Input prices picked up for the first time in three months, with more than half of the world’s economies reporting higher costs. Output prices continued to fall, but at a much slower pace, and will likely begin to pick up as demand returns.

Recovery broadens

The share of economies with expanding manufacturing industries jumped to one-third in June, up significantly from a record-low 0% just two months earlier. Our analysis has found that this breadth measure tends to bottom a median of two months before global recession end. This also suggests a near-term recovery in
the global economy.

The proportion of economies that reported month-to-month gains in their PMIs surged to a record-high 94%. Our measure of monthly breadth tends to be volatile. But readings this high are worth noting since they usually indicate signs of a positive
economic turning point.

China rebound intact

China’s economy, which had gone through its COVID lockdowns and subsequent reopening months before the rest of the world, continued to show signs of pick-up in June.

Its Markit PMI rose 0.5 points, up in three of the past four months, to 51.2, its highest level this year. This improvement was confirmed by the official PMI, which includes a larger share of state-owned enterprises. That index increased 0.3 points to 50.9, a three-month high.

In both surveys, the increase in June was led by new orders. In particular, the new export orders indexes saw sizeable gains, a sign that the rest of the world is recovering too.

Other economies recovering too!

Several economies joined China in positive territory in June. Geographically and by income level, the recovery was diverse.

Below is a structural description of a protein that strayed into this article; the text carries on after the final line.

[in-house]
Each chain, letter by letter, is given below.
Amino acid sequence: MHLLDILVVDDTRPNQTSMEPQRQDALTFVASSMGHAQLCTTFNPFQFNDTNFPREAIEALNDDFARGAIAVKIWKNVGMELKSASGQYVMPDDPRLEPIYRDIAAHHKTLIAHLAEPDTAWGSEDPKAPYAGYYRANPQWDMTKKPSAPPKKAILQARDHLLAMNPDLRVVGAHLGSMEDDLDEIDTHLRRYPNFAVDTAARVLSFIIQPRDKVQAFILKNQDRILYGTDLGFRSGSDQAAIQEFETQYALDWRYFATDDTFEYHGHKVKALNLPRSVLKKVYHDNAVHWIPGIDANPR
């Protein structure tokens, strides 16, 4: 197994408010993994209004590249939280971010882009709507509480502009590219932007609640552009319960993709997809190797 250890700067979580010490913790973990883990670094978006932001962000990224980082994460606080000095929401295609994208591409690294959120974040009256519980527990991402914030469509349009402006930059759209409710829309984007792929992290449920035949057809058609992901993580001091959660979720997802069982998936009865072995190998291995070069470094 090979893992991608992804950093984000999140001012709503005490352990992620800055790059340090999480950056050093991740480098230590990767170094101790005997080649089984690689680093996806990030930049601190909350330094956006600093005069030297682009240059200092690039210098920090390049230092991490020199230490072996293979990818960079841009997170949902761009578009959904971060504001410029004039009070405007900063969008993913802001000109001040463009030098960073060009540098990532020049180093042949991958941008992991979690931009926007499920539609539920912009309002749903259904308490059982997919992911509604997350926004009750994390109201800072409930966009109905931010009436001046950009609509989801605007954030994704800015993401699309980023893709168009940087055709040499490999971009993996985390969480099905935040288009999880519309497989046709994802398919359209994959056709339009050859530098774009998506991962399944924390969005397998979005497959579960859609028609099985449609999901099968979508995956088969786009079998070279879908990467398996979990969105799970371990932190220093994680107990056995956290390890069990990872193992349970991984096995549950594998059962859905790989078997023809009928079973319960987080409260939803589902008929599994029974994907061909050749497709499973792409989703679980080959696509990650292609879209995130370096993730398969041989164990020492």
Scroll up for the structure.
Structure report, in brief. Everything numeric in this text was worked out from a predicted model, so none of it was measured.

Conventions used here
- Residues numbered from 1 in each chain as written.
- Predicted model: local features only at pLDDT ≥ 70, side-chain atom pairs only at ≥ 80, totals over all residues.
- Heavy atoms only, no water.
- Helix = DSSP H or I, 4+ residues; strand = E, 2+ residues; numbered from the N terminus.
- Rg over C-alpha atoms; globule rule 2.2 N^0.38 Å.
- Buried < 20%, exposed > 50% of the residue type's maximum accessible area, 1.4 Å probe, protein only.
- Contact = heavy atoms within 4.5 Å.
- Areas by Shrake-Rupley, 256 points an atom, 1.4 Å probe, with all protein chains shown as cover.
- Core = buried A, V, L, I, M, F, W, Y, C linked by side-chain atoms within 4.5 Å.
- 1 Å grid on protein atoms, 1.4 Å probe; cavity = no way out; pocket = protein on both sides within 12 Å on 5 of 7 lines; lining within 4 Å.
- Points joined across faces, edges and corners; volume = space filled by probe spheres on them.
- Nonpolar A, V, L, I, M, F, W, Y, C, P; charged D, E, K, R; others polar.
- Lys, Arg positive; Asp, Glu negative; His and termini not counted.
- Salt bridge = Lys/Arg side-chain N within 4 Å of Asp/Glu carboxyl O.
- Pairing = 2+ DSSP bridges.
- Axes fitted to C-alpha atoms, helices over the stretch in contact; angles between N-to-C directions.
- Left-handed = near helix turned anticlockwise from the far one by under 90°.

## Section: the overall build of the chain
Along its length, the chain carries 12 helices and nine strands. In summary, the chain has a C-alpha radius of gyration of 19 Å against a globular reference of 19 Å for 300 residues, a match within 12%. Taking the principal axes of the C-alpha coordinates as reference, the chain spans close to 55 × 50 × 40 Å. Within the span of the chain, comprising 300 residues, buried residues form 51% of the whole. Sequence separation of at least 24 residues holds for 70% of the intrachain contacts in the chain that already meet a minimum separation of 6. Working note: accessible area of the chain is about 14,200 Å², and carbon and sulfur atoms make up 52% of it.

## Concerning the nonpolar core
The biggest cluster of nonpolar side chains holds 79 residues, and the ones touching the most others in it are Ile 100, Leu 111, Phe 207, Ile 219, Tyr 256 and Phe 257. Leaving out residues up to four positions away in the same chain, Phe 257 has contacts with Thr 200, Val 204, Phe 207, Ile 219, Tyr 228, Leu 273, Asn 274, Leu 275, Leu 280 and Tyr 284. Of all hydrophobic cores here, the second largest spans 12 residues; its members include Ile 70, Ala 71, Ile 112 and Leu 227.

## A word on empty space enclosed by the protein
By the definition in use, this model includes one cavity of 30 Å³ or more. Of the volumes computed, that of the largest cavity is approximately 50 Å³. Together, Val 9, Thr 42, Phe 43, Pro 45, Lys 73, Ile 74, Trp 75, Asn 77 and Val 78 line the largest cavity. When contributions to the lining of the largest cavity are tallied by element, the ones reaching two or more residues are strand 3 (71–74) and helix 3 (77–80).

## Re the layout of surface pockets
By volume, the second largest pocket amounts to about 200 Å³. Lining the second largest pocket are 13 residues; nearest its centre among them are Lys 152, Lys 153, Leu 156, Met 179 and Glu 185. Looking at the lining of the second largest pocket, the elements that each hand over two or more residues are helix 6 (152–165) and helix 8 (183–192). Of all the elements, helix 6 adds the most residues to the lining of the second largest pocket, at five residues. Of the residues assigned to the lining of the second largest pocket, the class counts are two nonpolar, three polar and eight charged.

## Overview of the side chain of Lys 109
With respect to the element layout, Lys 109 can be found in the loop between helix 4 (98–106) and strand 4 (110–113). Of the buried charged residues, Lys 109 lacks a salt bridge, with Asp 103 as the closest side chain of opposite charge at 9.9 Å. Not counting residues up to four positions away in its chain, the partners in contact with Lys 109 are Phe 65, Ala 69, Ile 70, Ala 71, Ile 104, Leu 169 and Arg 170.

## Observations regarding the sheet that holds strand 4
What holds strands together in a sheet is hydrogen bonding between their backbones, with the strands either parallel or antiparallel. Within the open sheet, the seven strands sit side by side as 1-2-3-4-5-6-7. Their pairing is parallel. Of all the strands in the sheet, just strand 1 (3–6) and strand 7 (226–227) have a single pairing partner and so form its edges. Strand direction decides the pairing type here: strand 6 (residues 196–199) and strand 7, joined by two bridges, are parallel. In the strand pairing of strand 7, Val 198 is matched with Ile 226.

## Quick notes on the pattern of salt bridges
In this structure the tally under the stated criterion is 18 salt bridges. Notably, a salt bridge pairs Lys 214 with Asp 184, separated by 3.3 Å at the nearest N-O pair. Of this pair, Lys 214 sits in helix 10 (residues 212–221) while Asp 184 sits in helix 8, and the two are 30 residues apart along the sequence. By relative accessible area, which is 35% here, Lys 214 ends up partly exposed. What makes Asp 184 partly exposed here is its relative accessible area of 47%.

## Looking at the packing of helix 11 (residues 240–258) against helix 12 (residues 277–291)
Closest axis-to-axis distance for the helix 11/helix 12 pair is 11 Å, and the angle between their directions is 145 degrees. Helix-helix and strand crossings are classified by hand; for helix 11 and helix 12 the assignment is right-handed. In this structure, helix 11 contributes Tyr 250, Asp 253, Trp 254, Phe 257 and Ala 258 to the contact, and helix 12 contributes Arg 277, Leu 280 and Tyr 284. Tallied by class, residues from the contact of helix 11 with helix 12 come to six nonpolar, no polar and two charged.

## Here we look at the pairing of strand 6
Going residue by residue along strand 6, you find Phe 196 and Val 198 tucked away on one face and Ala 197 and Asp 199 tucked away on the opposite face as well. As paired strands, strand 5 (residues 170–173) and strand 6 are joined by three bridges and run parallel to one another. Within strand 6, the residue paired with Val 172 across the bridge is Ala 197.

There were signs of manufacturing growth in Europe, namely in France, Denmark, Ireland, and the U.K. A few large emerging markets, Turkey, South Africa, and Brazil, also surged back into expansion territory. Economies closely tied to China also showed signs of life, including Australia, Vietnam, and Malaysia.

The U.S. came pretty close to expansion, with its Markit PMI jumping 10.0 points to 49.8. But the ISM manufacturing index moved definitively into positive territory, rising 9.5 points to 52.6.

The Philippines, Greece, Russia, and Spain also saw their manufacturing PMIs jump close to the break-even level of 50.

The laggards

Rounding out the bottom of the ranks was Mexico, Indonesia, Japan, and Switzerland, with PMI readings all below 43.0.

Mexico, with the lowest PMI in the world in June at 38.6, cited ongoing difficulties with restraining the spread of COVID-19.

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This content was provided by Ned Davis Research – See NDR Disclosures

Investment Advisory Services offered through BCJ Capital Management LLC., an (SEC) Registered Investment Adviser. Information presented is for educational purposes only. It should not be considered specific investment advice, does not take into consideration your specific situation, and does not intend to make an offer or solicitation for the sale or purchase of any securities or investment strategies. Investments involve risk and are not guaranteed, and past performance is no guarantee of future results. For specific tax advice on any strategy, consult with a qualified tax professional before implementing any strategy discussed herein.